Neural networks have achieved particularly impressive results on the blind denoising problem, in which the noise amplitude is unknown zhang2017beyond ; DURR ; lefkimmiatis2018universal . Despite their success, these solutions are not well understood. We lack intuition about the denoising mechanisms they implement. Network architecture and functional units are often borrowed from the image-recognition literature, and it is unclear which of these aspects contribute positively, or limit, the denoising performance. Many authors claim critical importance of specific aspects of architecture (e.g., skip connections, batch normalization, recurrence), but the benefits of these attributes are difficult to isolate and evaluate in the context of the many other elements of the system.

In this work, we show that bias-free CNNs (BF-CNNs), in which the bias terms (additive constants) throughout the network have been eliminated, yield performance matching the state-of-the-art in image denoising, while offering two important advantages. First, BF-CNNs are locally linear, and hence amenable to direct analysis with linear-algebraic tools. In Section 2 we leverage such tools to visualize locally adaptive properties of the denoising map, and to show that the network approximates a projection onto an adaptively-selected low-dimensional subspace. The analysis uncovers direct connections between the denoising mechanism of the neural networks and classical methods based on filtering and projection operations. Second, we show that BF-CNNs generalize robustly to noise levels well beyond the range at which they have been trained, in stark contrast to existing architectures. Section 3.1 provides a theoretical explanation of this phenomenon, based on the insight that removing the bias results in invariance to rescaling. Section 3.2 demonstrates the overall performance and generalization capabilities of BF-CNNs through comprehensive numerical experiments, showing that the advantages of bias removal hold for several popular architectures.

Figure 1: Visualization of the linear weighting functions (rows of in equation (2)) of a BF-CNN for three example pixels of a noisy input image (left). The three images on the right show the linear weighting functions corresponding to each of the indicated pixels (red squares). All weighting functions sum to one, and thus compute a local average (although some weights are negative, indicated in red). Their shapes vary substantially, and are adapted to the underlying image content.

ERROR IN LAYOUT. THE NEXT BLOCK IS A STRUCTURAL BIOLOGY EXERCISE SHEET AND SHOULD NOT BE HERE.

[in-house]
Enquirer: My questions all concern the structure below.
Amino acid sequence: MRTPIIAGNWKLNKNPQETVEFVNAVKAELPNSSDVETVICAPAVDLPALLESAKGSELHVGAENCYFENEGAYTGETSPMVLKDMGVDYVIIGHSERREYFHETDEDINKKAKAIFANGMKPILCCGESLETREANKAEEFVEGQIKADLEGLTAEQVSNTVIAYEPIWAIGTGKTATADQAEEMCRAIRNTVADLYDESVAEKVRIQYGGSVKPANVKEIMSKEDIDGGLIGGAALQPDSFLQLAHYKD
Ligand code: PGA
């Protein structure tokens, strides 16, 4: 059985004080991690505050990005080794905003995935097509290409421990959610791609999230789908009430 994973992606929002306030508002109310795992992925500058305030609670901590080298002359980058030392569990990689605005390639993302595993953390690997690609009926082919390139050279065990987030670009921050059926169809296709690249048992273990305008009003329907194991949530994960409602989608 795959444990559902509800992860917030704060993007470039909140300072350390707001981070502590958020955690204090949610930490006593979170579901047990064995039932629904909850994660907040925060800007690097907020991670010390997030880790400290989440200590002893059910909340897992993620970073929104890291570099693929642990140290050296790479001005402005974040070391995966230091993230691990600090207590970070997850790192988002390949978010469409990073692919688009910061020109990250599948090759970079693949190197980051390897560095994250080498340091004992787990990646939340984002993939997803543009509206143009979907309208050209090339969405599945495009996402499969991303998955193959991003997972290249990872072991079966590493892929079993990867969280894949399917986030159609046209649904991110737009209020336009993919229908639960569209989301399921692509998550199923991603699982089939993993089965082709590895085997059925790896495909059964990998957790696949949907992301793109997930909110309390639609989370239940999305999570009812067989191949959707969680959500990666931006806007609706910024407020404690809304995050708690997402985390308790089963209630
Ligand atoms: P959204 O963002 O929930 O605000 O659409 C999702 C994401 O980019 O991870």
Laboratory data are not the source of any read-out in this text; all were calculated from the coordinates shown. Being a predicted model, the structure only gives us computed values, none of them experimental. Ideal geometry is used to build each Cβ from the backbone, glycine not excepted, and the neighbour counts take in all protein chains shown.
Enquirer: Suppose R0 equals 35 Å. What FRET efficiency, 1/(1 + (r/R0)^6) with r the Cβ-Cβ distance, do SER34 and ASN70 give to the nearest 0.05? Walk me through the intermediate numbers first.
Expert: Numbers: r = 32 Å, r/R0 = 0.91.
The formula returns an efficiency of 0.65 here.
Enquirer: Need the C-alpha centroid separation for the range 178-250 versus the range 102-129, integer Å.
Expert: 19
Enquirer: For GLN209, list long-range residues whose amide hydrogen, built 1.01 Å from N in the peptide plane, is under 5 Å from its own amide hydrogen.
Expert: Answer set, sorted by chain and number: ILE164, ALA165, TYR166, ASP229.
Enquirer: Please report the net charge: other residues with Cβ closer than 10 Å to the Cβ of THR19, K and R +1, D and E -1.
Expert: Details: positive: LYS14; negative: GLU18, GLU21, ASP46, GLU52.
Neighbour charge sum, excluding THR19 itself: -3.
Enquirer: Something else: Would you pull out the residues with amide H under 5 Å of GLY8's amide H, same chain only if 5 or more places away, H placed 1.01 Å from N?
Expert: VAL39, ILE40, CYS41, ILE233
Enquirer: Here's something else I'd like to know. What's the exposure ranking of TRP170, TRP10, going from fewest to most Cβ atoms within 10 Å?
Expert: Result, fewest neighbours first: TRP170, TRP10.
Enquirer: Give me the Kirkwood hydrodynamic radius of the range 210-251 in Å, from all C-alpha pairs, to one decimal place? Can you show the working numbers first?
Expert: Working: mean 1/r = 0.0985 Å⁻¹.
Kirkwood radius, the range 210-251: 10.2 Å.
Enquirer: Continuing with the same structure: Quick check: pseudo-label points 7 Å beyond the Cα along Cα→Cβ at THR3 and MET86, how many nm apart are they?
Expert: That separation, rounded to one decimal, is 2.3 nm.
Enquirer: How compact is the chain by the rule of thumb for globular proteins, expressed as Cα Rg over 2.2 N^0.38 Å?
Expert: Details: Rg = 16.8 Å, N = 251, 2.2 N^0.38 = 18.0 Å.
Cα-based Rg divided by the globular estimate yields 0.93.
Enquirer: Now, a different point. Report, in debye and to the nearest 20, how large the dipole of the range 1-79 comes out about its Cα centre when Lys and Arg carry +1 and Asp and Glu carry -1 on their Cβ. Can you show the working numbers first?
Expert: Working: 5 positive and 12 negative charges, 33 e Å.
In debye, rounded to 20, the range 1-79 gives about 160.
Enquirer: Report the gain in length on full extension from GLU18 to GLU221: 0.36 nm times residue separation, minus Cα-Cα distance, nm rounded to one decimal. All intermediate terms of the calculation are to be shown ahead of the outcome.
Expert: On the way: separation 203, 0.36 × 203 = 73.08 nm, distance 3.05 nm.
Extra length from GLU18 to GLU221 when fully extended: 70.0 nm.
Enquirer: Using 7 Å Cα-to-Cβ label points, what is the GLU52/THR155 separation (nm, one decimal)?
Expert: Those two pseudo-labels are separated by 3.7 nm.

2 Analysis of bias-free neural networks for denoising

We assume a measurement model in which images are corrupted by additive noise: , where is the original image, containing pixels,

is an image of i.i.d. samples of Gaussian noise with variance

, and is the noisy observation. The denoising problem consists of finding a function that provides a good estimate of the original image, . Commonly, one minimizes the mean squared error : , where the expectation is taken over some distribution over images,

, as well as over the distribution of noise realizations. Finally, if the noise standard deviation,

, is unknown, the expectation must also be taken over a distribution of this variable. This problem is often called blind denoising in the literature.

Figure 2: Analysis of the SVD of the Jacobian of a BF-CNN for ten natural images, corrupted by noise of standard deviation . (a)Singular value distributions. For all images, a large proportion of the values are near zero, indicating (approximately) a projection onto a subspace (the signal subspace

). The orange points show the cosine of the angle between the left and right singular vectors, for a single image (orange curve). Larger blue point (and vertical line) indicates the effective dimensionality (sum of squared singular values) for that image. Note that orange points at dimensionalities less than this are nearly 1, implying that the corresponding left and right singular vectors are nearly identical.